The average age of a cardiac arrest victim is 62 years old, but you’re never too young to think about heart health. While the causes of cardiac arrest may vary, the statistics according to the American Heart Association are pretty bleak. The survival rate of an Out-of-Hospital Cardiac Arrest is still only 9.5 percent.
Studies show, bystander CPR triples survival rates of cardiac arrest victims. The Arizona Department of Health Services (ADHS ) wants you to know you don’t need formal training to save a life if you keep a little tune in your head.
Arizona statewide survival rates have quadrupled since the inception of the Chest Compression Only CPR program in 2004.
Here are some crucial questions and answers to potentially save a life.
Q: Why is bystander CPR so important?
A: Cardiac arrest can happen to anyone, anywhere, at any time. When the heart has stopped, there is no blood flow and no oxygen reaching the victim’s brain or heart and that person dies within a few minutes. Bystander chest compressions help supply critically needed blood and oxygen until trained rescuers (or someone with a defibrillator if you are in a public place) arrive. Bystander CPR can triple survival.
Q: What do I do if an adult suddenly collapses?
A: Call 9-1-1 right away. If anyone else is there, send them to look for an Automated External Defibrillator. Dispatchers are trained to help you swiftly recognize cardiac arrest through two questions: “Is the patient conscious?” and “Is the patient breathing normally?” They provide calm, assertive guidance and coach you through CPR until EMS arrives.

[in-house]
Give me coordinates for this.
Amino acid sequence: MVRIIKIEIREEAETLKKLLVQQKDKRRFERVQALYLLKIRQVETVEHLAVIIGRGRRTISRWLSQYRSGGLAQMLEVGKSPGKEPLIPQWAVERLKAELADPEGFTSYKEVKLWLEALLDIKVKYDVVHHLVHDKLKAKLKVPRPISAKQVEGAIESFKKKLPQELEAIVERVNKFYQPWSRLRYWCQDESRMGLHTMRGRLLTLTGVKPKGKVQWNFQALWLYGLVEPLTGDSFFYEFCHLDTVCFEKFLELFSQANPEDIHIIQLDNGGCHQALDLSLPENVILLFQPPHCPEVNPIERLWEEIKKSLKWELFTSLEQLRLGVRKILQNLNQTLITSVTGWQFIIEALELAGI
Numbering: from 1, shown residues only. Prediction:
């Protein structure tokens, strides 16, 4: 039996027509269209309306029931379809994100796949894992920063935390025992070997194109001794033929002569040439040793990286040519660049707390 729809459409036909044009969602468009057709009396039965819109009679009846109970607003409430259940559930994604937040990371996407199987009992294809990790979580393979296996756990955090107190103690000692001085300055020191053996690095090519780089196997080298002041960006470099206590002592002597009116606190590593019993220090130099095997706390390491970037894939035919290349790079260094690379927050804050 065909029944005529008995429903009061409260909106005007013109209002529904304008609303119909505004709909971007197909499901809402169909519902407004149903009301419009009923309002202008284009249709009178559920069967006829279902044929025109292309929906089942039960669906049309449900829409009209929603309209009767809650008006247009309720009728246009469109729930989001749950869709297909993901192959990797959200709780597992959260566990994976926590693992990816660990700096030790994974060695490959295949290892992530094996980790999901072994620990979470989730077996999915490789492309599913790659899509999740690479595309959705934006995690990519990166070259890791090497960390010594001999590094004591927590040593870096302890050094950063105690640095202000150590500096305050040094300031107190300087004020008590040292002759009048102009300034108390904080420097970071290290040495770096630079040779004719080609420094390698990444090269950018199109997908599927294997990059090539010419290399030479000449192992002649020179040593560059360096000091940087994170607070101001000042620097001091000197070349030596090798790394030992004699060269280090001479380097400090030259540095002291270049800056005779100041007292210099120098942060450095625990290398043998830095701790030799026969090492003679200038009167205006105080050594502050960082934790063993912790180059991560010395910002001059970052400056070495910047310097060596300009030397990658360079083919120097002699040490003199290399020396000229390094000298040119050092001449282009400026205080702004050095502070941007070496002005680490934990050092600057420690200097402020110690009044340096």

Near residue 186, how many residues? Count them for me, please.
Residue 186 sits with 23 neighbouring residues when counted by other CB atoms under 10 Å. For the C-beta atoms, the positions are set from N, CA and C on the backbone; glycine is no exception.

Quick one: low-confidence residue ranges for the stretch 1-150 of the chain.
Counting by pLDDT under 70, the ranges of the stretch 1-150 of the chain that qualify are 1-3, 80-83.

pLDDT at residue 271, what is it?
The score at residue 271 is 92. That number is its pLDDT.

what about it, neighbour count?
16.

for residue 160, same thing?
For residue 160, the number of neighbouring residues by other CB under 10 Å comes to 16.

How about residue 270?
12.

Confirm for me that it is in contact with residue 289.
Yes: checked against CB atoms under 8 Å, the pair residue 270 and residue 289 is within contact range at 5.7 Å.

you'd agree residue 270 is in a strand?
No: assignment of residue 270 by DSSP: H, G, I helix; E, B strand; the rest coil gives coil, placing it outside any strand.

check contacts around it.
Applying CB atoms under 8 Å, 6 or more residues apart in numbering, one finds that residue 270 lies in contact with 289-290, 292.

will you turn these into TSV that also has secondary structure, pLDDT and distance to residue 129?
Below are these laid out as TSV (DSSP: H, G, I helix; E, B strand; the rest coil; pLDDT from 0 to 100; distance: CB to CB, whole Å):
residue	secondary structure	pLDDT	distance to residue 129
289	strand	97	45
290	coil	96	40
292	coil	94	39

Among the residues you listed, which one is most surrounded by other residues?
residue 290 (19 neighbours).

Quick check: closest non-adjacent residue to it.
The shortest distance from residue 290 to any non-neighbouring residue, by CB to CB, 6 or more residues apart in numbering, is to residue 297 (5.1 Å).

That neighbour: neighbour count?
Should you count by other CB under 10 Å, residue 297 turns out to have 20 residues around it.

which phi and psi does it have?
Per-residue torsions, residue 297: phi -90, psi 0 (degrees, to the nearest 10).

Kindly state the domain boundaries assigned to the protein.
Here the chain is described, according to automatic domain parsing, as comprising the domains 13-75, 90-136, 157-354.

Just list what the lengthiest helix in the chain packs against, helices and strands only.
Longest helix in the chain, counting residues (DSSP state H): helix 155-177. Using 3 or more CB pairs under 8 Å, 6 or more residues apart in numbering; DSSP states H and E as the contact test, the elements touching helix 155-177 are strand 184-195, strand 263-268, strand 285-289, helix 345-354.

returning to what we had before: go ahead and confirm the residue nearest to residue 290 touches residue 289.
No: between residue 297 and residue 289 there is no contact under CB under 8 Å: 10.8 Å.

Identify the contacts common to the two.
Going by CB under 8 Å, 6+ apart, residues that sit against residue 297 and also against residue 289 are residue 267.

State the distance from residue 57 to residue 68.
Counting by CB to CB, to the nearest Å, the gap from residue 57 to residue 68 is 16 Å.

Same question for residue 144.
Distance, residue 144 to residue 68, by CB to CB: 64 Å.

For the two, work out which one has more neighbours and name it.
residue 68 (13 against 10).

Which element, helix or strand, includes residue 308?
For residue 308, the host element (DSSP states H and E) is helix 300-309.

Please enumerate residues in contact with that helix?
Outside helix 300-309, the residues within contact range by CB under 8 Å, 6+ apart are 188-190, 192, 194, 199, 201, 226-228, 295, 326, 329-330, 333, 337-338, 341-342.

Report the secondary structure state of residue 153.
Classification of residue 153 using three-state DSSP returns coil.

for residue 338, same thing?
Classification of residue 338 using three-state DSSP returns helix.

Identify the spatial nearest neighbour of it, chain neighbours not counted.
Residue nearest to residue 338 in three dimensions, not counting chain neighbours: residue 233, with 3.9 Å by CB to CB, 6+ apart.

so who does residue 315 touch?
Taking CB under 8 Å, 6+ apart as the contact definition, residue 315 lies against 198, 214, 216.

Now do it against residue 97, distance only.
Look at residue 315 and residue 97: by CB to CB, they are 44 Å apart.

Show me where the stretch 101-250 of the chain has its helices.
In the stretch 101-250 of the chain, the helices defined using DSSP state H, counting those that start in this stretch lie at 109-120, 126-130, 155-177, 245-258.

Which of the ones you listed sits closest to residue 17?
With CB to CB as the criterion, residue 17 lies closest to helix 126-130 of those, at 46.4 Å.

Q: How do I actually do chest compressions?
A: Kneel beside the victim. Put one hand over the other, lock your elbows and push down hard and fast in the center of the chest at least 100 times per minute (think of the song “Stayin’ Alive”). You have to push hard and fast to generate enough blood flow. It’s hard work but remember you’re trying to save someone’s life.
Q: Will CPR hurt the person?
A: The person’s heart has stopped and he or she is essentially dead. All you can do is help them. If you do nothing, they most likely will not survive.
Q: Can I do CPR if I have not been formally trained?
A: Yes you can — almost all of us can try to kneel down and push hard and fast in the center of someone’s chest the best we can. The worst thing is to do nothing.
Q: Where can I learn more?
A: You can contact the American Heart Association or the American Red Cross and get formally trained and certified. You can also visit www.azshare.gov to learn more about Hands-Only CPR.
The Arizona Department of Health Services (ADHS) works with Arizona’s local EMS systems to measure and optimize resuscitation care and patient outcomes. Part of this program is to train 911 emergency dispatchers to identify cardiac arrest as quickly as possible and guide callers in performing lifesaving chest compressions. Additionally, EMS rescuers deliver high-performance CPR and transport cardiac arrest patients to specialized hospitals where patients can receive important post-cardiac arrest care such as hypothermia.